Where are the Christian gamers?
They are in the pews and gymnasiums and sanctuaries of our churches and we are despised for our entertainment. Acts 29, Southern Baptists, Assemblies of God and Presbyterians all have had leaders who have come out and stated games as ‘mindless’, ‘godless’, ‘pointless’, ‘for the lazy,’ and ‘emasculating men.’ Video games, are the bane of the Christian… culture?
Is this a true form of escapism? Are men avoiding women to give attention to the next high score, or bouncing breasts on screen? Are responsibilities skirted by achievements and trophies? Are games really that bad?
Here’s the reality we have before us:
The average gamer is 37 (not just your teenagers in your youth group!). In the US alone, there are more than 100k jobs that are based in the video game industry. The industry has over $25 billion in consumer spending last year alone, and is one of the largest portions of the entertainment industry. Gaming sessions, or time played in one sitting, isn’t as long as many movies today. Even the game World of Warcraft has an average session of just over 2 hours, just after a new expansion, which is about the length of a film, or a weekly television show lineup. So are video games the problem? Or is it sin?
While games can have spiritually fatal results, so can evangelism, food, sports, movies, working out, Internet, talking, money, rest, working, silence, solitude, love. In every aspect of creation, mankind can deify it, or misrepresent it, or altogether avoid it. In all of culture, we can accentuate, and be infatuated with, groups and cliques and portions and perspectives. But in every portion of culture there are people; and every assault on the culture is a statement about the people within that culture.
Our response should not be to assault it because of it’s misuse. Instead, we should think Christianly about the culture and how we should respond Christianly to it. While Paul stood in the Areopagus he did not assault the believers, but simply stated that they were very religious in every way. He goes on to speak about what they somewhat knew, their unknown god. Although they did not know him, they knew he must exist. And from this, Paul tells them the beginning of the gospel. So why can Paul talk about a waste of the Areopagus’ time in such a loving way, and yet we cannot give gaming and its industry the same grace?
To the non-believing gamer, we know the true hero of old. We know the best ‘spec’ed healer. We know the best alpha team and it’s leader. We know the search for beauty and the history and corruption that has kept it hidden. We know the failures, losses, and deaths that everyone has experienced. We know the mistakes that have been made. In all the stories where reality is not as it should be, we know that this present world is not the way it is supposed to be. And it and you can be rescued.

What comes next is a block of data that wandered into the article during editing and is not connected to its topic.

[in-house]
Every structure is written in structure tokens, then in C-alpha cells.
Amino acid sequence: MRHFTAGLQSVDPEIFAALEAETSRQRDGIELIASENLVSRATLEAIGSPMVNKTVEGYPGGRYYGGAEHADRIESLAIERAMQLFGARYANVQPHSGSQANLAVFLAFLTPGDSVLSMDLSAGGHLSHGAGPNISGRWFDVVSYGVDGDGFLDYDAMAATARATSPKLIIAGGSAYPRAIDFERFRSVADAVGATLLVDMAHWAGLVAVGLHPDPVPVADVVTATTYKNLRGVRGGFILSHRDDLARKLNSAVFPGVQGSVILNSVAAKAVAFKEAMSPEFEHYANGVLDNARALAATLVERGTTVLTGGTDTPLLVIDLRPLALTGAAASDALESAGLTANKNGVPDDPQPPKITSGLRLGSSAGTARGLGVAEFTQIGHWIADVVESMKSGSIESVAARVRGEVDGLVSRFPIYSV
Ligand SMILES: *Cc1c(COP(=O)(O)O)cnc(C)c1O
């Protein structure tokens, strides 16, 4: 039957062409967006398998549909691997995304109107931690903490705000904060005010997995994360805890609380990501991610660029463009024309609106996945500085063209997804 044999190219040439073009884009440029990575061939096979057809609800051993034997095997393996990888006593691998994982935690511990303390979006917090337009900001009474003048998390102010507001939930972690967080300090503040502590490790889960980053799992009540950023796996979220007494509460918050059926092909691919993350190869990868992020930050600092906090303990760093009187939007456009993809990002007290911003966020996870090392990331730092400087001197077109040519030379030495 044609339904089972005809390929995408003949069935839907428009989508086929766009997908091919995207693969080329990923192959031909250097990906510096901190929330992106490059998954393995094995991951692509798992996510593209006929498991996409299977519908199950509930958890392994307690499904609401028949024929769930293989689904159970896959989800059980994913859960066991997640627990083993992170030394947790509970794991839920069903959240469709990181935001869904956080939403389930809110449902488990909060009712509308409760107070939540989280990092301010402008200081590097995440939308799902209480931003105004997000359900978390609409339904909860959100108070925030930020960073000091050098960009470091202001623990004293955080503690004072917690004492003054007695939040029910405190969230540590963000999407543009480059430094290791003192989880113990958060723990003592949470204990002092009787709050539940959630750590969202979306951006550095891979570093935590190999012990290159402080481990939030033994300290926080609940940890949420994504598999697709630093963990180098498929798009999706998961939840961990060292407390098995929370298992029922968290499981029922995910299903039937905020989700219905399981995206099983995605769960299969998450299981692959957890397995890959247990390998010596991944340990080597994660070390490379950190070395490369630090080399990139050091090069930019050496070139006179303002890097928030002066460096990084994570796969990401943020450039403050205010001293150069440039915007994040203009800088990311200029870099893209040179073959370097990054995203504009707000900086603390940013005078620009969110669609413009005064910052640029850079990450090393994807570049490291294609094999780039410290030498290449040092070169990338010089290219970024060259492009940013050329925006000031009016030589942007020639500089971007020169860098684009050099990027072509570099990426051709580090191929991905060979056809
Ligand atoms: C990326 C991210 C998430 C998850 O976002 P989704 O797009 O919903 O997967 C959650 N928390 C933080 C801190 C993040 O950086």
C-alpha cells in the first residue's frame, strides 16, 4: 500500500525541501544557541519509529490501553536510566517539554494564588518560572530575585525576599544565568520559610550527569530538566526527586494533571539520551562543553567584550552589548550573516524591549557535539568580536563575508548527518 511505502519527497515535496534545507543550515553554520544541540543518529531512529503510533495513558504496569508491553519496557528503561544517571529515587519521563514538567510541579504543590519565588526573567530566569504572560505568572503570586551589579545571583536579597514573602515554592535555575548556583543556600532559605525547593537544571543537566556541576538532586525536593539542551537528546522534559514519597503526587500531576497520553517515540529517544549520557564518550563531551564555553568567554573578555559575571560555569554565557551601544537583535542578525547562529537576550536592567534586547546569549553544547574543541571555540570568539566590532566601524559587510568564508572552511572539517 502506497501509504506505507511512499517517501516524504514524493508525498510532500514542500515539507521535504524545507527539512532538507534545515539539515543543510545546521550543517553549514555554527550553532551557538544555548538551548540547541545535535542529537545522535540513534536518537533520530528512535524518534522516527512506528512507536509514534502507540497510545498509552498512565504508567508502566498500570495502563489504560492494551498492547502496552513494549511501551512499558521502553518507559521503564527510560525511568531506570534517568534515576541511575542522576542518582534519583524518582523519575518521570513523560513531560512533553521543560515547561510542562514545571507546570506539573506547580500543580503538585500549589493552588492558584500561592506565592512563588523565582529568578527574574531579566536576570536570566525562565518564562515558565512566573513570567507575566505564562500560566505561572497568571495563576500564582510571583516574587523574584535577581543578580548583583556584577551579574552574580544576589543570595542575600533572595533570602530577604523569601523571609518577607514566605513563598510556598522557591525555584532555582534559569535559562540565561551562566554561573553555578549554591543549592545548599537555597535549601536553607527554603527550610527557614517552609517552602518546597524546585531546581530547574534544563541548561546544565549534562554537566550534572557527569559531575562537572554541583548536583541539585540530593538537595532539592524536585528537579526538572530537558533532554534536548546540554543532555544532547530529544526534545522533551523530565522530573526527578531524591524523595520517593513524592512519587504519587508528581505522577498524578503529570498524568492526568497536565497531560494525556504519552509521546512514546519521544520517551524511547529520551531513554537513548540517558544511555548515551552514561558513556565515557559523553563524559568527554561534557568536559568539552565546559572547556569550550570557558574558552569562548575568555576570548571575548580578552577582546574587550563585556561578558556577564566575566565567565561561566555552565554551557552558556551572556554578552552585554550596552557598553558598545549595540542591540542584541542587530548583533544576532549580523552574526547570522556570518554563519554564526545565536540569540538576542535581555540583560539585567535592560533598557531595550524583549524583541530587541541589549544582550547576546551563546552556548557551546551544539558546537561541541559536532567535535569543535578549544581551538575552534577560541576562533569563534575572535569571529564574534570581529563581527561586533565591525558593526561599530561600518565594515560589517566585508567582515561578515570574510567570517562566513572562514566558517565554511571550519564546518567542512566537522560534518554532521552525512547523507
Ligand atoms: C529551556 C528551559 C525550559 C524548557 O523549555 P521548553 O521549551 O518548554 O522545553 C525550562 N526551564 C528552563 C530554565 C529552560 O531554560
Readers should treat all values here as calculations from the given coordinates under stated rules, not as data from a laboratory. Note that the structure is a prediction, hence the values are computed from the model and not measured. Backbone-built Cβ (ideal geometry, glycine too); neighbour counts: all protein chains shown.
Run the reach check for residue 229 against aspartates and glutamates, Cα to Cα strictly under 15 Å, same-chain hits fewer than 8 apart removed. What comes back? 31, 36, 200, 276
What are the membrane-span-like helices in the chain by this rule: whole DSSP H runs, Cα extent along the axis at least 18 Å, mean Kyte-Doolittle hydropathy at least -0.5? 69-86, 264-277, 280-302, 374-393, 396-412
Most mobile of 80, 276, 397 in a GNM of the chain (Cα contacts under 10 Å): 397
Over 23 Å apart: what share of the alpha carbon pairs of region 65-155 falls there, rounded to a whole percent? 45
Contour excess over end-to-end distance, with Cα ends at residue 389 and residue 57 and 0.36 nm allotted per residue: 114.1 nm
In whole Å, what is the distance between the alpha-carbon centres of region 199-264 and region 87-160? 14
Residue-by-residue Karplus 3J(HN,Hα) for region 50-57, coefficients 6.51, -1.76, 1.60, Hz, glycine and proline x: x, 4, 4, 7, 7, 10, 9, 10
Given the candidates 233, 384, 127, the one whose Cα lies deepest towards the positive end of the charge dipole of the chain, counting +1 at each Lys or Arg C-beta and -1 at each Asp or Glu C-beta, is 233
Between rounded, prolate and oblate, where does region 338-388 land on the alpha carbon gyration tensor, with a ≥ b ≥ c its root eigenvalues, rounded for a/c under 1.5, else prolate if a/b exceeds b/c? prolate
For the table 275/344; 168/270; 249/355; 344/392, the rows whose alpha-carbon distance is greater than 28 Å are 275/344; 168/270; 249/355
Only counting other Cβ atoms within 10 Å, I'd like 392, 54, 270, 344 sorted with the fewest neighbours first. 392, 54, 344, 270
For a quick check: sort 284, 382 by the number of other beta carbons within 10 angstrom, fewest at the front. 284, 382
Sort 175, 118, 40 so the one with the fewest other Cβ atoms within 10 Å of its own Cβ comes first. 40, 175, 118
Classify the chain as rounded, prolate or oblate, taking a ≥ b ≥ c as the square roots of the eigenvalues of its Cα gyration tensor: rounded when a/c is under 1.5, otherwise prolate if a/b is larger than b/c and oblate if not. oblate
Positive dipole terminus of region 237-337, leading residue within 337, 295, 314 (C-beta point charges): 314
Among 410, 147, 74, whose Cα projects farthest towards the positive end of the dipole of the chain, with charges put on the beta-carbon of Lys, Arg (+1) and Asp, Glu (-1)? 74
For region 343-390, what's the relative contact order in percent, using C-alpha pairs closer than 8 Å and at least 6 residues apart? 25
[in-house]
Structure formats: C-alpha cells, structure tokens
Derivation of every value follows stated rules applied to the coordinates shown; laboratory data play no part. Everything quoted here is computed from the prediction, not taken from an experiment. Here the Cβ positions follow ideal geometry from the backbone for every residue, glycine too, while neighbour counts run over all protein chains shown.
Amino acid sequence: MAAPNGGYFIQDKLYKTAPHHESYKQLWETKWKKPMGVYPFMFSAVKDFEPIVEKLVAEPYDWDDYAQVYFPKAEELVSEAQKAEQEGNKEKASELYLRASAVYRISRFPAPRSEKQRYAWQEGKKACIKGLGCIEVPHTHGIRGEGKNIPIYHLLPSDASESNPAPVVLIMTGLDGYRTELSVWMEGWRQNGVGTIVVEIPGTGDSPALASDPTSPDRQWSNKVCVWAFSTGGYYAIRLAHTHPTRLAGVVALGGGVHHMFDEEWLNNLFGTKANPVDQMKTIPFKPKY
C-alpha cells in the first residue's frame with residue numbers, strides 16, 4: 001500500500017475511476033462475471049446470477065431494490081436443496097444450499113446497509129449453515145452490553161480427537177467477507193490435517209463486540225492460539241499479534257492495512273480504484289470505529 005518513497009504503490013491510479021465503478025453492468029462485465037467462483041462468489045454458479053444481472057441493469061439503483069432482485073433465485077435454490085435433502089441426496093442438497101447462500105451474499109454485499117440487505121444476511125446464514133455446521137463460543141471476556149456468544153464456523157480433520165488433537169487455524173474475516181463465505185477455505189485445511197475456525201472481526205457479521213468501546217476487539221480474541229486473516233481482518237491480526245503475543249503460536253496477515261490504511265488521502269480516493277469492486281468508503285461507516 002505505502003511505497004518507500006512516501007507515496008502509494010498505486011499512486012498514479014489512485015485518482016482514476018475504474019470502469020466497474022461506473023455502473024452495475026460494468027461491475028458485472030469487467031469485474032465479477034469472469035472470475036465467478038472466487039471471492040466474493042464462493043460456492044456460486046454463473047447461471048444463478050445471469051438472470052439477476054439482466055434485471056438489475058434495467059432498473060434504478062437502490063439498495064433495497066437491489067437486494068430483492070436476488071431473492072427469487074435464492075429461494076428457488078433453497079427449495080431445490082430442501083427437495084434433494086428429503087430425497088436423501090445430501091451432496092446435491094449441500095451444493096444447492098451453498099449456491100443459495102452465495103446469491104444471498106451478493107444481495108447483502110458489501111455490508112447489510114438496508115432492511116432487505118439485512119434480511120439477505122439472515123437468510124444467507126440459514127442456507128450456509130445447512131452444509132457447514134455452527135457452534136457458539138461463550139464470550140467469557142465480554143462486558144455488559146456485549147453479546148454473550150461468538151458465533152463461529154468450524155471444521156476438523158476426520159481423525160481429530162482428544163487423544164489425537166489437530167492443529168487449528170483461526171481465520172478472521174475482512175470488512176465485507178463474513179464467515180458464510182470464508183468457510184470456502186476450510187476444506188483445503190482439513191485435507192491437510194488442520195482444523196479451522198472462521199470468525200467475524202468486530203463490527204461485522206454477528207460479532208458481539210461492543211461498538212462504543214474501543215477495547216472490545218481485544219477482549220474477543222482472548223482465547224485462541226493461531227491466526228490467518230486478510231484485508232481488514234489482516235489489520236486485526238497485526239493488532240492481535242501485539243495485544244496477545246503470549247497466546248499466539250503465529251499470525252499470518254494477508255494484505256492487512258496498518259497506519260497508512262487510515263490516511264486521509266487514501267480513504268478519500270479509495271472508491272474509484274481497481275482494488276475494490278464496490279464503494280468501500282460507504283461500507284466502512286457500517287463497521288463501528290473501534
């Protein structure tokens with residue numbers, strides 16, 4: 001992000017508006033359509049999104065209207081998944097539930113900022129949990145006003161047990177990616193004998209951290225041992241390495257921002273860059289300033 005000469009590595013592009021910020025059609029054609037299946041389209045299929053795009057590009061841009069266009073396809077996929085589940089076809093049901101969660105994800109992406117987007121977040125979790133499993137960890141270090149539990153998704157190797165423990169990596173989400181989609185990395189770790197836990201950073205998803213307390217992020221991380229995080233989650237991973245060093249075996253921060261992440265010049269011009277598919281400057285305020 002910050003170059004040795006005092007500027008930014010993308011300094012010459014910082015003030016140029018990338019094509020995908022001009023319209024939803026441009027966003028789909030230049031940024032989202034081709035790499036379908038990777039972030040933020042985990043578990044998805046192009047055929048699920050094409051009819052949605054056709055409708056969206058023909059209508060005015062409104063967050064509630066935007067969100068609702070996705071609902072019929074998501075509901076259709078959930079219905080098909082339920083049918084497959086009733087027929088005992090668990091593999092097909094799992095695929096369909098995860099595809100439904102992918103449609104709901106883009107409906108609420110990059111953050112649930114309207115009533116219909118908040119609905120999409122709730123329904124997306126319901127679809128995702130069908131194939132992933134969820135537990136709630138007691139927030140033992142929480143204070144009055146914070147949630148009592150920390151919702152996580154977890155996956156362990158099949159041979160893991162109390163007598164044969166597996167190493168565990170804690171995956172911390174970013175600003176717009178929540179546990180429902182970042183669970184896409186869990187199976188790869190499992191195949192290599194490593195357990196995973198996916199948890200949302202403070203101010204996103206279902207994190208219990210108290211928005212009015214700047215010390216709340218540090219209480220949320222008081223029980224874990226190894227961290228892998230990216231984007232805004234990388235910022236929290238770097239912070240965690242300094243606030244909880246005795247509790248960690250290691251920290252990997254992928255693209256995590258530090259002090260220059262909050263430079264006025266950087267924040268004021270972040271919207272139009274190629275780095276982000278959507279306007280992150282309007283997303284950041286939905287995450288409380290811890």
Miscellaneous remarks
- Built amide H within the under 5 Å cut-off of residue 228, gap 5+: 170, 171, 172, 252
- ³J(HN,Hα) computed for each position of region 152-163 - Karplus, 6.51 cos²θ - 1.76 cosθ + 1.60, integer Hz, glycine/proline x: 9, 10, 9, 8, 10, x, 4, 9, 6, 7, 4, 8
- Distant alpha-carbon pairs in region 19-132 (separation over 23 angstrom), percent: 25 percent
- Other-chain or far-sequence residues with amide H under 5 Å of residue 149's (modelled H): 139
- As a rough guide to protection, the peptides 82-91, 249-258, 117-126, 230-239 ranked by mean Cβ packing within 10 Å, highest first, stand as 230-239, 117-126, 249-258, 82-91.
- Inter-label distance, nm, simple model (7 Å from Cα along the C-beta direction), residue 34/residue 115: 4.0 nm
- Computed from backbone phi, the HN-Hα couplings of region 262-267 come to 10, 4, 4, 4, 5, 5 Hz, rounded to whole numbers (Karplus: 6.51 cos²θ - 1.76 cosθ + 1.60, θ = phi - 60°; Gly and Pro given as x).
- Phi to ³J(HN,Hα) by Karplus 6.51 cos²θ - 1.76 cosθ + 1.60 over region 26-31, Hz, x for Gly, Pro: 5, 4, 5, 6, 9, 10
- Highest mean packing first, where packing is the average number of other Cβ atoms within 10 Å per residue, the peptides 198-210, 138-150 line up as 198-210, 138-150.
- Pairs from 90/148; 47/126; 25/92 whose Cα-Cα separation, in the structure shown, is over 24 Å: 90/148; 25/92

To the gaming believer, enjoy entertainment. Realize it’s reflection on reality; pay attention to it’s message and what it is telling you. Put it in it’s rightful place. Subdue it. Know that it will war against truth; it is not going to ultimately tell you the truth, no matter how close to it it tries to be. Observe how it distorts Scripture and the message it tells us.
Beware the enemy’s deceit, his arrows. Walk with your guard (faith) up. Be cautious of your own failures; know what your weaknesses are and seek to flee from the evil one in these ways. If your greatest spiritual battle is in sex/anger/drugs/laziness/whatever, flee the enemy and avoid it in your entertainment. God’s your safety, run to him.
Our goal here at TheoLudens is to provide some insight into the culture of games and think about it Christianly. We’ll talk about aspects of gaming and how it reflects or refracts theological truths. We’d like to observe specific games and get straight examples of messages with games. Stick around, we hope to provide you with springboards for discussion, metaphors for illustrations, and, God willing, informative entertainment. Enjoy TheoLudens, and welcome!